Kottas on Dressage, Arthur Kottas with Julie Rowbotham

Publishers – Kenilworth Press - ISBN: 9781905693054

Arthur Kottas  

Book Synopsis

Kottas on Dressage is a distillation of the practice and philosophy of one of the most highly regarded international trainers of the current era. Having stressed the need for the rider to establish correct posture and a thorough understanding of the aids before attempting to train the horse, the book highlights the value of establishing rapport with the horse and enhancing his mental responses and developing his physique with groundwork before progressing to work under saddle. The text then focuses on thorough, incremental development of the basic gaits, explains the value and execution of the lateral exercises and introduces advanced work including tempi changes, pirouettes, piaffe and passage. A number of commonly encountered problems are analysed, and remedies offered. Underpinning the whole text is the authors fundamental stance on horses and training: I always see the horse as a partner. He must be trained slowly and patiently.

CRC Review

Arthur Kottas, former Chief Rider of the Spanish Riding School of Vienna could well be considered the greatest living authority on the correct schooling of horse and rider today – and rightly so.  Not only is his scholarship - 40 plus years of learning, practice and ultimately, direction of the work at Vienna, impeccable - but he is articulate, clear and all-encompassing of ethos.  Moreover, and quite unusual in these days where celebrity may over-shadow the spirit of riding, horses adore him.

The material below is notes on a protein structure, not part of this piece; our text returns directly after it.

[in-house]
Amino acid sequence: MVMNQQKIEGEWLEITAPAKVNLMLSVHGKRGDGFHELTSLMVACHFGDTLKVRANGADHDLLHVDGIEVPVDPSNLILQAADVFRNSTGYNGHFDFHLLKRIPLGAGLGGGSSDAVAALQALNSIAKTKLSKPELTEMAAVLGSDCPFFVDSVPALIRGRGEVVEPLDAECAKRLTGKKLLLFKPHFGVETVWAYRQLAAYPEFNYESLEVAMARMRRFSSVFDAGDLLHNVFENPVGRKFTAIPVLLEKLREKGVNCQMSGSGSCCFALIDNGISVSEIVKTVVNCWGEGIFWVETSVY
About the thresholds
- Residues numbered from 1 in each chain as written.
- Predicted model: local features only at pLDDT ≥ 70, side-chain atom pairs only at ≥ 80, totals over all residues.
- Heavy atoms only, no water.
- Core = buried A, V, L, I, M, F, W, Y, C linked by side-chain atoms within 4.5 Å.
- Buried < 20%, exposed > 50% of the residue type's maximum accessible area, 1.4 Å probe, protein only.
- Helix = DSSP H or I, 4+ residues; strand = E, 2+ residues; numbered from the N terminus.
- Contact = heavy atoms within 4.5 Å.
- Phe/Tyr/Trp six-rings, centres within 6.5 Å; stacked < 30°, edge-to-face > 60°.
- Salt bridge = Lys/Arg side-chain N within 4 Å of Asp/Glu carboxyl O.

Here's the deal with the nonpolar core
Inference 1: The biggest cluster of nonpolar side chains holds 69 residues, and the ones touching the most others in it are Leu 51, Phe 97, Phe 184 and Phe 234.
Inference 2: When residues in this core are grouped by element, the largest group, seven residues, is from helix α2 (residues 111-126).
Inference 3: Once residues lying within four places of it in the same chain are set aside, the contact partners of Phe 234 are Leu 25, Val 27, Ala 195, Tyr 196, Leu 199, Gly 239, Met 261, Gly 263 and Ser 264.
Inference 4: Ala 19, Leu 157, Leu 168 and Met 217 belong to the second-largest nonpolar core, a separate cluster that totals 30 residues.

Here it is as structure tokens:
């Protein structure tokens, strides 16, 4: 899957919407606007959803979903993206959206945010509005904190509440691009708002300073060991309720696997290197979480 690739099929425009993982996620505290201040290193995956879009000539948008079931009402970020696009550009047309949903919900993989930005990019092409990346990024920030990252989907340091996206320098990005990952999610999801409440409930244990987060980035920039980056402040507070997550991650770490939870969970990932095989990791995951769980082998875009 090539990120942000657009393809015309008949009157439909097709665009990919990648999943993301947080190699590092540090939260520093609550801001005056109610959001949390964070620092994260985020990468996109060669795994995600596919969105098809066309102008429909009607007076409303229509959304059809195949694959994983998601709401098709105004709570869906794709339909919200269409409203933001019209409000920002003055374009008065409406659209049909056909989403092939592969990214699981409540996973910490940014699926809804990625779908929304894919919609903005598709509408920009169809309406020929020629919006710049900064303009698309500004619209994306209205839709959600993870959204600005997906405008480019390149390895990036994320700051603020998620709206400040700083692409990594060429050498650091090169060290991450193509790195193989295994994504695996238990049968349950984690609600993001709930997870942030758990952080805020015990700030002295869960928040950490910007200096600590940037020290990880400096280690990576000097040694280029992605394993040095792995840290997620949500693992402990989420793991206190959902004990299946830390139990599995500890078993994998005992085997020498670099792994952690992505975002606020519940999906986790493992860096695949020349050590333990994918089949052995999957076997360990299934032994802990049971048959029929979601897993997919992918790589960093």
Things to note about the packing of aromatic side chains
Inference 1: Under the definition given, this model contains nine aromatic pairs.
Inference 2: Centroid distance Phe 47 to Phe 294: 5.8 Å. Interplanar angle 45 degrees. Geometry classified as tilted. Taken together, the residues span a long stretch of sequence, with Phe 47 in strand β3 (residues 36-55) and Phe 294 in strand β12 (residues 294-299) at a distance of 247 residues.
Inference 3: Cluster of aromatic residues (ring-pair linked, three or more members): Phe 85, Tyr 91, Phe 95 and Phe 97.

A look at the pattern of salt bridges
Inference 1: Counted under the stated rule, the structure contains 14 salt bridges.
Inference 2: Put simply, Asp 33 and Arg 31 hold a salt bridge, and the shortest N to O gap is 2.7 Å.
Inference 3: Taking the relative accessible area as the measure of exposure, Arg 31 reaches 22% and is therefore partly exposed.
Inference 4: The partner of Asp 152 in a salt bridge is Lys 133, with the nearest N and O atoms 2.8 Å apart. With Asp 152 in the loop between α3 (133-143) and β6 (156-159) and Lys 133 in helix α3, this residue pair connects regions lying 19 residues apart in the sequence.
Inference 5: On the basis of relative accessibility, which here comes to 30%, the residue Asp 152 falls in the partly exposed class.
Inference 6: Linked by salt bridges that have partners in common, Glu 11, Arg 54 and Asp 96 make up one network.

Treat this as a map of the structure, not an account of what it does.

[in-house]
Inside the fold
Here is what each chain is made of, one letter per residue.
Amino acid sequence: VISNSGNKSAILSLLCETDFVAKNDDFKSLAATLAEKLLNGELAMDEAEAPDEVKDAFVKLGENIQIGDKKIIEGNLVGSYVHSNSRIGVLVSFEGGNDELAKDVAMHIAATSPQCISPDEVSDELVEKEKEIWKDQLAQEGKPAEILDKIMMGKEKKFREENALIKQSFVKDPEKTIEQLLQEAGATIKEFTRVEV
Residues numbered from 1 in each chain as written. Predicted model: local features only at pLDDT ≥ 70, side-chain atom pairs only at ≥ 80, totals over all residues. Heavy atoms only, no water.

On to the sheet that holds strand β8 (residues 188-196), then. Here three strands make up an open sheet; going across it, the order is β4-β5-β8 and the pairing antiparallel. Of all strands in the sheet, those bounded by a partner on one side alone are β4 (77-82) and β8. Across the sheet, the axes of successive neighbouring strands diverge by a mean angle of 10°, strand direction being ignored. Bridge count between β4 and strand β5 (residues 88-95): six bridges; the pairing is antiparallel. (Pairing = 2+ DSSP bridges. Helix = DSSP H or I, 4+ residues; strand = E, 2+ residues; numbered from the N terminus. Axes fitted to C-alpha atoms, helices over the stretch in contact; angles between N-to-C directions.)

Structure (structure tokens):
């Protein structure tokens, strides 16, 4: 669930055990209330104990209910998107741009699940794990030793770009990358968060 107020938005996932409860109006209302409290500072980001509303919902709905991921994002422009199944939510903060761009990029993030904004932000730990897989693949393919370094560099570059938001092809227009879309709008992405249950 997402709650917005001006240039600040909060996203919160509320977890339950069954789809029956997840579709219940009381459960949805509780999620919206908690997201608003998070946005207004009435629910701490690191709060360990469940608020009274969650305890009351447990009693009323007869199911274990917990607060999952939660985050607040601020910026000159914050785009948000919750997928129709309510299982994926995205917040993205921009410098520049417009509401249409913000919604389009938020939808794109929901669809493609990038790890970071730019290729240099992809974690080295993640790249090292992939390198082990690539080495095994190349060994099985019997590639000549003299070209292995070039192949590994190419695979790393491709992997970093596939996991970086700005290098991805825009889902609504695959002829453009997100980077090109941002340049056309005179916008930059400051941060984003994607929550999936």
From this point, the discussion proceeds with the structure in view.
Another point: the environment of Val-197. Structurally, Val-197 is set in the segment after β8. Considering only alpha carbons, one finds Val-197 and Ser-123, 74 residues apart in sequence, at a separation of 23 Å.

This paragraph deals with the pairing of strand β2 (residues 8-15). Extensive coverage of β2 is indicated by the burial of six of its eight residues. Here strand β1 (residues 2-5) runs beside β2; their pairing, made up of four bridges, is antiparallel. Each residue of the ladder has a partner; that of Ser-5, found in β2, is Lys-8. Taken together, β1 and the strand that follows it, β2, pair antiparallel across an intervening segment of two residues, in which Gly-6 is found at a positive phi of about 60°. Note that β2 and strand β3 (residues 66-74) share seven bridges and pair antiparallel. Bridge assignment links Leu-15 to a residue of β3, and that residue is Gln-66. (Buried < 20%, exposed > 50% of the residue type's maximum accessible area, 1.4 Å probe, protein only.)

I have seen Kottas irritated, impatient even – but only with the rider, never the horse.

In the way of the best classical tradition of the past, he always puts the horse first and if any movement is incorrectly done or the result is not what was required, it is of course the rider’s responsibility.  His eyes light up when horses approach him, he approaches them with soft eyes, apt body language and a soothing voice.  For me, this Master is a joy to watch and on those fortunate occasions that I trained with him – the benefits were real and lasting – for me and my horses.

Many people have awaited this book for a long time.  I think at first I was disappointed it was not one of these huge, glossy tomes that have become associated recently with certain ‘names’ in the horse world.  There are one or two out there which look more important than the people who wrote them… which may sound a trifle unfair… but is in fact the truth.

Kottas on Dressage is more of a handbook than a tome; but actually, that is rather the point.  Although glossy and handsome, it is not designer for the coffee-table; rather it is a book to be handled well, read and re-read, tucked in the pocket of the car on the way to a lesson, studied in bed – if that’s your habit – shown to others and dipped into … endlessly. 

It is clear, concise and informative – like the author himself and it is beautifully laid out with bullet points and sub-headings for every aid, every movement, every eventuality.  In some places the tone reminds me of Nuno Oliveira’s first book Reflections on Equestrian Art because much of the more technical work is dealt with economically, with approachable, crystal clear gems of advice.